An ingrown eyelash occurs when one of the eyelashes begins to grow in an inward direction, toward the eye. Symptoms may include swelling of the hair follicle or the development of a bump, called a stye, that may obstruct part of the vision. Without proper treatment, the eyelash may eventually scratch or damage the cornea of the eye. It is not generally considered safe to attempt to treat an ingrown eyelash at home due to the possibilities of creating more damage to the sensitive eye. It is much safer to allow a healthcare professional to remove the eyelash or perform other procedures as deemed necessary.
Epilation is the name of the medical procedure that is most commonly used to remove an eyelash that has become ingrown. For this procedure, the healthcare professional will typically place a special type of eye drops into the affected eye in order to numb it. He or she may then use a magnifying glass to locate which eyelash needs to be removed. Epilation forceps, similar to tweezers, will then be used to basically pluck out the eyelash. This is usually a short procedure, and removal is practically immediate.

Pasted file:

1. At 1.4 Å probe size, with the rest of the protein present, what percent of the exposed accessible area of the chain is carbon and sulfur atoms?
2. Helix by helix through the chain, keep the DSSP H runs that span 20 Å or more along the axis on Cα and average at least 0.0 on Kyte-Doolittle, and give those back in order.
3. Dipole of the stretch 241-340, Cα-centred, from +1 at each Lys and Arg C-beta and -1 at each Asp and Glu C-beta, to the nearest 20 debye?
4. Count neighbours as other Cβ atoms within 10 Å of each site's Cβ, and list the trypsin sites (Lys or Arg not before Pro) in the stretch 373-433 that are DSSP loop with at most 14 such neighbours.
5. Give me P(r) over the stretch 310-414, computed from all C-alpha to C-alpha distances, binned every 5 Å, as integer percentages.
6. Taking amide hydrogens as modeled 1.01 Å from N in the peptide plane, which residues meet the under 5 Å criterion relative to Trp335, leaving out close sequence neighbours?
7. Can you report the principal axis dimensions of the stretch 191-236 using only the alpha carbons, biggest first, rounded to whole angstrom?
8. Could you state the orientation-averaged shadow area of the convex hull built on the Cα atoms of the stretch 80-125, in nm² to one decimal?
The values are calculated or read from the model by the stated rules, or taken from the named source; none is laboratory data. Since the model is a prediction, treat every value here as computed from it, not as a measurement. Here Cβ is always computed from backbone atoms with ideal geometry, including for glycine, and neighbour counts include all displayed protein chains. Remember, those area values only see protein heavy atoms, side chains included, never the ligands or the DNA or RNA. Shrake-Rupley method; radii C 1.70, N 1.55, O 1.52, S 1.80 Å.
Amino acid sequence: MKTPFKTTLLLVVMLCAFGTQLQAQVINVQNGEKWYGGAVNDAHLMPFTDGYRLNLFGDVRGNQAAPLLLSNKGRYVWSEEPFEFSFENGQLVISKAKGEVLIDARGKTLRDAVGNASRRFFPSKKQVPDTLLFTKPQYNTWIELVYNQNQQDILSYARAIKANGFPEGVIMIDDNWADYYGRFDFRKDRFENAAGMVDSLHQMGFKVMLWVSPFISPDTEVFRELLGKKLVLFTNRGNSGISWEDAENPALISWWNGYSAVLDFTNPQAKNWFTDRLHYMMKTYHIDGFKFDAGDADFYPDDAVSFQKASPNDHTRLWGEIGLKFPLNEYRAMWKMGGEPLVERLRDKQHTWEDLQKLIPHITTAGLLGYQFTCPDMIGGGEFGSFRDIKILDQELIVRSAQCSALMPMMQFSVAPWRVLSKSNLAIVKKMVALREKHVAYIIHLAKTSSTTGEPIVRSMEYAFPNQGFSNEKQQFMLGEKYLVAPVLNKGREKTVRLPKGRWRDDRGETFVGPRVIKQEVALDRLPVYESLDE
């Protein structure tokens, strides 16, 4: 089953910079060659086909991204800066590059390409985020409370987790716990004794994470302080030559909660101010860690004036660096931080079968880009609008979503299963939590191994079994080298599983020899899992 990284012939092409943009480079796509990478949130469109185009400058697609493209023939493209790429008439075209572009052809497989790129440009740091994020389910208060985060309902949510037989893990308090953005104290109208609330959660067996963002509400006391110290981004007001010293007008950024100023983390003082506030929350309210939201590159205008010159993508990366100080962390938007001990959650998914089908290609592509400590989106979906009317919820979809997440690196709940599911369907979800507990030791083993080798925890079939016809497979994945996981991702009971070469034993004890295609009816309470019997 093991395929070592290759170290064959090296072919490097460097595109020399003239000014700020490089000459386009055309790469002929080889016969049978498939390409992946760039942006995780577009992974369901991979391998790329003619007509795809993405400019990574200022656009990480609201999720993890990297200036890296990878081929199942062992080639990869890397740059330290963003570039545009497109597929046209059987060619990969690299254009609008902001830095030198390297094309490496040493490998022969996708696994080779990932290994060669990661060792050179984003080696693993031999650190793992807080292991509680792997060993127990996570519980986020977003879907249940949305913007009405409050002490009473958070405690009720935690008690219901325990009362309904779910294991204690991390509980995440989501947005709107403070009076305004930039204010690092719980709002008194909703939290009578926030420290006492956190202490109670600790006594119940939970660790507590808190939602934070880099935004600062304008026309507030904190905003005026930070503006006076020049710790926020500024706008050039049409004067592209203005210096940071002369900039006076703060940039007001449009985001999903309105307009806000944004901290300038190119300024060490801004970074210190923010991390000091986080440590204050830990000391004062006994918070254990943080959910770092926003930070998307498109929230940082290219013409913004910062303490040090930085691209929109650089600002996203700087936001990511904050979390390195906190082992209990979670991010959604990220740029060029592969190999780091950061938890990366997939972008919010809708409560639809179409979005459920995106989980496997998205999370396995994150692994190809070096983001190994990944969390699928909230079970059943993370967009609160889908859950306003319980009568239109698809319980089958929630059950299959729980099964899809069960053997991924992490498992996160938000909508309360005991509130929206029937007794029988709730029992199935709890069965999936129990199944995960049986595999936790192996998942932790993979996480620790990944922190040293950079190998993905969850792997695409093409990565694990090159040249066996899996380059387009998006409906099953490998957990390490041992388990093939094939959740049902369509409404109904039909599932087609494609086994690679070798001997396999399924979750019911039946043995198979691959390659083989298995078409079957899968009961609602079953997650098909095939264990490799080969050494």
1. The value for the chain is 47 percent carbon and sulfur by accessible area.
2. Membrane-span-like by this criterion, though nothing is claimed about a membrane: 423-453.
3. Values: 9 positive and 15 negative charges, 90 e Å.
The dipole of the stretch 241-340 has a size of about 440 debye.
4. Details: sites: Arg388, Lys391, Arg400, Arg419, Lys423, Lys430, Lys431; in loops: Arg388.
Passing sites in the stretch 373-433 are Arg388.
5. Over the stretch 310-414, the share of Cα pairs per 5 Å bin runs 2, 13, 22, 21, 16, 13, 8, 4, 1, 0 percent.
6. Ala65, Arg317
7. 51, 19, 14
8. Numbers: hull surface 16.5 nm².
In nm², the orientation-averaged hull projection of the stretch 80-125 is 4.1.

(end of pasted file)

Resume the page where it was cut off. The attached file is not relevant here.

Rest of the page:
Electrolysis may also sometimes be used to treat an ingrown eyelash. This procedure involves the use of an electrical current to kill the cells responsible for the formation of the eyelashes. For many patients, this is a permanent method of eyelash removal, although some will experience later regrowth. Antibiotics are frequently prescribed to prevent infection. Hot or cold compresses may be used following this procedure to reduce some of the associated swelling that may develop.
Cryotherapy treatment is also a possibility. Liquid nitrogen is used to freeze or destroy the hair follicle in order to prevent the eyelash from growing back. This is considered to be a safe and effective treatment option that requires a minimal recovery time.
In some cases, surgery may be done in order to correct the growth pattern of the eyelashes or to cut out the affected eyelash. Occasionally, the surgeon may decide to cut out an entire section of eyelashes in an attempt to prevent the condition from returning. In most instances, an eye specialist known as an ophthalmologist will perform any of these procedures, although other specialists, such as a cosmetic surgeon, may sometimes be consulted for assistance.